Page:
The curtain is slowly parting on the Huanglongbing (HLB) citrus drama in California.
Three Asian citrus psyllids have been discovered this year in Tulare County, the heart of the San Joaquin Valley citrus belt the third only recently. They join the cast of 43,000 similar psyllids detected in Southern California since 2008, mostly in ornamental or backyard trees. Two of the three SJV cousins, possible hitchhikers from the southland, were too beat up to evaluate if they were carrying the Huanglongbing or citrus greening disease. No word if the third carried the disease. County agricultural officials are looking at the boundaries for quarantine, which will regulate and restrict the movement of fruit and plant material.
Asian citrus psyllid injects a bacterium which causes greening that spreads when other psyllids feed on infected trees. Only one tree so far has been confirmed infected in a Southern California backyard. However, grower Dan Dreyer of Exeter, Calif., and most others like him agree it is only a matter of time until many more trees are infected and a full-scale war breaks out to contain the spread.
California cannot escape the disease, says Dreyer. “It will eventually get here, if it’s not here already, since we have found the psyllid.”
California growers have a pretty good idea what the future will hold because the story has featured in Florida for seven years. The psyllid and disease cost Florida growers $331 million annually from 2006 through 2011. That’s a $1.66 billion hit to the industry for five years, according to a recent study released by University of Florida agricultural economists Thomas Spreen and Alan Hodges.
Total economic impact of the disease, including indirect effects, was $4.54 billion, or $908 million annually, over those five years. An estimated 8,257 jobs were lost in Florida due to greening during that period. California wants to win skirmishes and eventually the war by going to school on what Florida and perhaps Brazilian growers have done to save their citrus industries.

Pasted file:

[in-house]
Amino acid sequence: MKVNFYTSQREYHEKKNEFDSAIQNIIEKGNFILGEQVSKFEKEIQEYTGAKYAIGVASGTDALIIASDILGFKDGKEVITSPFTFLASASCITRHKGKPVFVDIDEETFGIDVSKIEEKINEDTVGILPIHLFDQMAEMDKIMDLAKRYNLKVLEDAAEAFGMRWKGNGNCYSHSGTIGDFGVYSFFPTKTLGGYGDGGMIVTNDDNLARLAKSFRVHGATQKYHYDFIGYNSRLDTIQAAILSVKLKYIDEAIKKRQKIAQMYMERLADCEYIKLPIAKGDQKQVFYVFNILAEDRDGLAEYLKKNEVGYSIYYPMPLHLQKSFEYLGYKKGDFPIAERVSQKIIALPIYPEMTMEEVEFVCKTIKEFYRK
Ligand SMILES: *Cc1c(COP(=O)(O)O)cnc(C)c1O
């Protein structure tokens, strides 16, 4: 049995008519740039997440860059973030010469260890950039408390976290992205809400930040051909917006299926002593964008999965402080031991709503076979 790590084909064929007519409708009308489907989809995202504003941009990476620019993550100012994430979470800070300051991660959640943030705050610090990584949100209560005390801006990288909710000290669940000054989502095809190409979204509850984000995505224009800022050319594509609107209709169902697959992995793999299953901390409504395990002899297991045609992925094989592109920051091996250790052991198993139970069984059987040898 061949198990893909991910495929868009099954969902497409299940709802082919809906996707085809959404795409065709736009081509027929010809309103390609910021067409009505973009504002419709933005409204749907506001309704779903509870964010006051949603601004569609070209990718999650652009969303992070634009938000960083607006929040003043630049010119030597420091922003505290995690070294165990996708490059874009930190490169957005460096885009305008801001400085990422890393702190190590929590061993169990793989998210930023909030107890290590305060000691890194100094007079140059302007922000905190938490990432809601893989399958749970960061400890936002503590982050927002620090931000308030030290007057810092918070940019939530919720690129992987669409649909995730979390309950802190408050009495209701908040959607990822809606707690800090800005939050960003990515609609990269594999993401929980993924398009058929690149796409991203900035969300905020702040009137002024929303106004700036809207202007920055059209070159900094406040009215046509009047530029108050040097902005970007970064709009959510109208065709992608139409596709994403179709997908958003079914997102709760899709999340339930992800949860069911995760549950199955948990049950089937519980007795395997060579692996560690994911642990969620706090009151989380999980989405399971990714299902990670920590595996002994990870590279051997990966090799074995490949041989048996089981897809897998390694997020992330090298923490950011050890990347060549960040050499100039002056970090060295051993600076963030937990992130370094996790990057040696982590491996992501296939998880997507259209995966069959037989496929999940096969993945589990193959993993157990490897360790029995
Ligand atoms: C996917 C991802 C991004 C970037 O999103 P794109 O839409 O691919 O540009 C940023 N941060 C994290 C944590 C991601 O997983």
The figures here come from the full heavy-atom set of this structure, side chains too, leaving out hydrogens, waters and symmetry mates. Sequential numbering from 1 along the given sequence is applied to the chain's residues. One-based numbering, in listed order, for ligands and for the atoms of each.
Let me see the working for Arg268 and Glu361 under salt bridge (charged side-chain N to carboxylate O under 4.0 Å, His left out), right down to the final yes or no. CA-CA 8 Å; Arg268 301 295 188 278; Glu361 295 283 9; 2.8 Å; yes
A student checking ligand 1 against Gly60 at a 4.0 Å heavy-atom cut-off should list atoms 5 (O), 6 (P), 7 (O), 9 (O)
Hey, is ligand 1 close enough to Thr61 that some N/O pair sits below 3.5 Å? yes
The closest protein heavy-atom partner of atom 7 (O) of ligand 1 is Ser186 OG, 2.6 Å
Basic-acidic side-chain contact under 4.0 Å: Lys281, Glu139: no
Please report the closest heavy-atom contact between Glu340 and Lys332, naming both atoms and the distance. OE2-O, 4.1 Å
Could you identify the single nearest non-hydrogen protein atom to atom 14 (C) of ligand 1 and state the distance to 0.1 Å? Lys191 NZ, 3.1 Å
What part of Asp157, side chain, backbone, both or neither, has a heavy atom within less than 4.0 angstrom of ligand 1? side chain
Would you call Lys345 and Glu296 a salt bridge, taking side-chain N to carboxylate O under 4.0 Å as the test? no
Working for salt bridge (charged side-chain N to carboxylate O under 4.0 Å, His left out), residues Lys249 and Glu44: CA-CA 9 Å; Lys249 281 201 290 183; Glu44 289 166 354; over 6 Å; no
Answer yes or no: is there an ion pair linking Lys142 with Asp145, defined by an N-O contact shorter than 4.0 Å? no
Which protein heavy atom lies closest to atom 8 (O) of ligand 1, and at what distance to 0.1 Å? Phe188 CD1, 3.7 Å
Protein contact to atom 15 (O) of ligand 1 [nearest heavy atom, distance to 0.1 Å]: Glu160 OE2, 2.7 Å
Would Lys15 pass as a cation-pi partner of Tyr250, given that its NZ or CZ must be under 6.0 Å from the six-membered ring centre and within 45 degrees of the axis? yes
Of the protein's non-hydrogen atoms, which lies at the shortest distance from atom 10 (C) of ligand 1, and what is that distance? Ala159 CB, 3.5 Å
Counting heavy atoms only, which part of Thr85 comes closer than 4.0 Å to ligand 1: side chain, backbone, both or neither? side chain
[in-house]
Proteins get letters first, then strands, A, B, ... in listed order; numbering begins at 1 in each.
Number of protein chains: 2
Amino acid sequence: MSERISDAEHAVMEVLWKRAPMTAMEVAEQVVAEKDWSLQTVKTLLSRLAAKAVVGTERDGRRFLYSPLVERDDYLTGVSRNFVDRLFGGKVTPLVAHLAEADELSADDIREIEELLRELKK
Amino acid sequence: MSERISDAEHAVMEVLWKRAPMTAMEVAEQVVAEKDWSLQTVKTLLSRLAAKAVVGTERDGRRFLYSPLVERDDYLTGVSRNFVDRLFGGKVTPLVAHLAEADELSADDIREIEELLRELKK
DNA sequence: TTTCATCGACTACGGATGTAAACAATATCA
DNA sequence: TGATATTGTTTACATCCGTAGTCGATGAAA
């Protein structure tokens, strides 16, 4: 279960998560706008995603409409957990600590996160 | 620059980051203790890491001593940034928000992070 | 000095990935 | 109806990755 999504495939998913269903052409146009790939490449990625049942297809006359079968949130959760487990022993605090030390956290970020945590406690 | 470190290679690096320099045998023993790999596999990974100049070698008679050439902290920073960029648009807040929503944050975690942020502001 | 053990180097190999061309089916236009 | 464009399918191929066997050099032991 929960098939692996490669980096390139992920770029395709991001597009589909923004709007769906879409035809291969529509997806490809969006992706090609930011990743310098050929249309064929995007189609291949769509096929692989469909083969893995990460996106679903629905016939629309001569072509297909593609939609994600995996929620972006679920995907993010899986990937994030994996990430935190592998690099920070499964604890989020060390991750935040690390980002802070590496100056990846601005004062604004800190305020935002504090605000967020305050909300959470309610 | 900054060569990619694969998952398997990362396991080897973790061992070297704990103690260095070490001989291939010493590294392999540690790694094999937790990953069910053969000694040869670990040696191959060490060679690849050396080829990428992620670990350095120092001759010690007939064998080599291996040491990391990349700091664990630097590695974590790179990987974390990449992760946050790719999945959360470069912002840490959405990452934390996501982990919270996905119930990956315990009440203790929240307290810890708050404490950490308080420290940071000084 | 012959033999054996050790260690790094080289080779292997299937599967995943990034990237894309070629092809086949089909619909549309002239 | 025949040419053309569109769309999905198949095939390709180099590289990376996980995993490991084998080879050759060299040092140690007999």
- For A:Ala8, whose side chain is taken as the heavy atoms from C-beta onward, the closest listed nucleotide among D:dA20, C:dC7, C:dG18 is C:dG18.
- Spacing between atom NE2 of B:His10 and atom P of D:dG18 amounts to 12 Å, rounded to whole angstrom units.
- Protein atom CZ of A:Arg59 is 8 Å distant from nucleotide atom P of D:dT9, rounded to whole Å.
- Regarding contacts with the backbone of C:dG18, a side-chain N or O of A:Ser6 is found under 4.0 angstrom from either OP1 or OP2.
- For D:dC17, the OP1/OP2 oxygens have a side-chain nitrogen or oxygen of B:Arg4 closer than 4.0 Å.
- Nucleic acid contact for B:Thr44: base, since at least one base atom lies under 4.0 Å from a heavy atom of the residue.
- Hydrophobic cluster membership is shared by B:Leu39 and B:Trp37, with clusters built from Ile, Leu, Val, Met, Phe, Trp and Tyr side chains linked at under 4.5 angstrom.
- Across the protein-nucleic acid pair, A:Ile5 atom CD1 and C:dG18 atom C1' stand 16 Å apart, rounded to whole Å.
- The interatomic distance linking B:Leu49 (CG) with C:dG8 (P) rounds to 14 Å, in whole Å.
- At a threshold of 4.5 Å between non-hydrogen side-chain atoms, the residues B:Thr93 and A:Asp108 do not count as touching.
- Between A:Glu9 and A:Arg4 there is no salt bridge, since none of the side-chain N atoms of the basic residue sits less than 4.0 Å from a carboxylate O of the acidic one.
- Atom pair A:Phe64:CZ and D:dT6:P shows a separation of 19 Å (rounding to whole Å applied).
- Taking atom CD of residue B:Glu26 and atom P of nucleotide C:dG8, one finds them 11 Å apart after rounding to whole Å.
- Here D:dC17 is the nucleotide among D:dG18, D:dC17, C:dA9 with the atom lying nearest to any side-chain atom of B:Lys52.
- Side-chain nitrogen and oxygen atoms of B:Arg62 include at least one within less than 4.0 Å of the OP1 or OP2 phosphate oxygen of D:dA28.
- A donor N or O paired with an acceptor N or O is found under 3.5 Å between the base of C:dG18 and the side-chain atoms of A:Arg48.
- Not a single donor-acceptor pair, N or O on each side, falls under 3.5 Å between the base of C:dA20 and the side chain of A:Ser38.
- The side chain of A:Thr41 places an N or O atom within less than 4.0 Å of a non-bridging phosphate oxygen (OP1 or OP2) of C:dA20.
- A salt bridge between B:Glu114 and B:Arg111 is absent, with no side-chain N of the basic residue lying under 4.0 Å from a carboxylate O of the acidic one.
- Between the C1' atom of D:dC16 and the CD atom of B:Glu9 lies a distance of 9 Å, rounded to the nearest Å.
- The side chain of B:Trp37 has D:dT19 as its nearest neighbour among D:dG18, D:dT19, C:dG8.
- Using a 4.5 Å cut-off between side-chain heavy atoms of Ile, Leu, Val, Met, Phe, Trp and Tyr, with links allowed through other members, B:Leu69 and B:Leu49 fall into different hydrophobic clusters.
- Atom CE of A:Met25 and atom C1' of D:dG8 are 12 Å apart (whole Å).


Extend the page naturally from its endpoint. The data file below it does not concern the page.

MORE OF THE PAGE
However, the general consensus is that it will take a big bazooka to end it all and that means trees resistant to the disease. This could lead to uncharted waters for a food crop like citrus. It may take a genetically modified tree to turn back perhaps the biggest threat to the U.S. citrus industry. California producers were given a closer look at Florida through the eyes of Rick Cress, president of Southern Gardens Citrus in south Florida. Cress spoke at the California Citrus Conference at the Porterville Fairgrounds sponsored by the Citrus Research Board.
Southern Gardens Citrus’ processing plant in Clewiston, Fla., processes more juice in a day, 25,000 tons, than all of California in a year. It produces more than 50 percent of the private label not-from-concentrate orange juice in America. It processes 900,000 tons of oranges annually into juice. Florida’s citrus industry is primarily a juice business, while California is mostly fresh market. Owned by U.S. Sugar, Southern Gardens owns and/or manages 16,500 net acres of citrus groves in Southern Hendry County. These groves contain 1.8 million trees.
HLB is the “worst challenge we have ever faced,” greater than the citrus canker that took out 4,500 acres of the 32,000 acres Southern Gardens was farming before the canker came in.
Cress said four things are grown in southern Florida: “Citrus, sugar cane, cattle and alligators.” Southern Gardens must continue to grow citrus. It has no other farming options.
“We had to find a solution,” after HLB was found on the property in 2005.
The first step was to identify diseased trees and destroy them quickly. That has been a $1 million per year expense. Infected groves quickly disappeared to be replanted. Older trees take longer to die. “I have seen four-year-old trees literally die before my eyes,” he said. Typically, it takes two to two and a half years for an HLB-infected tree to die. “It looks like a Charlie Brown Christmas tree,” he added.
One of the approaches used to battle back has been nutritional. Growers heavily fertilized to keep diseased trees alive. This is expensive and does not save trees in the long run, said Cress. It just prolongs productivity of infected fruit.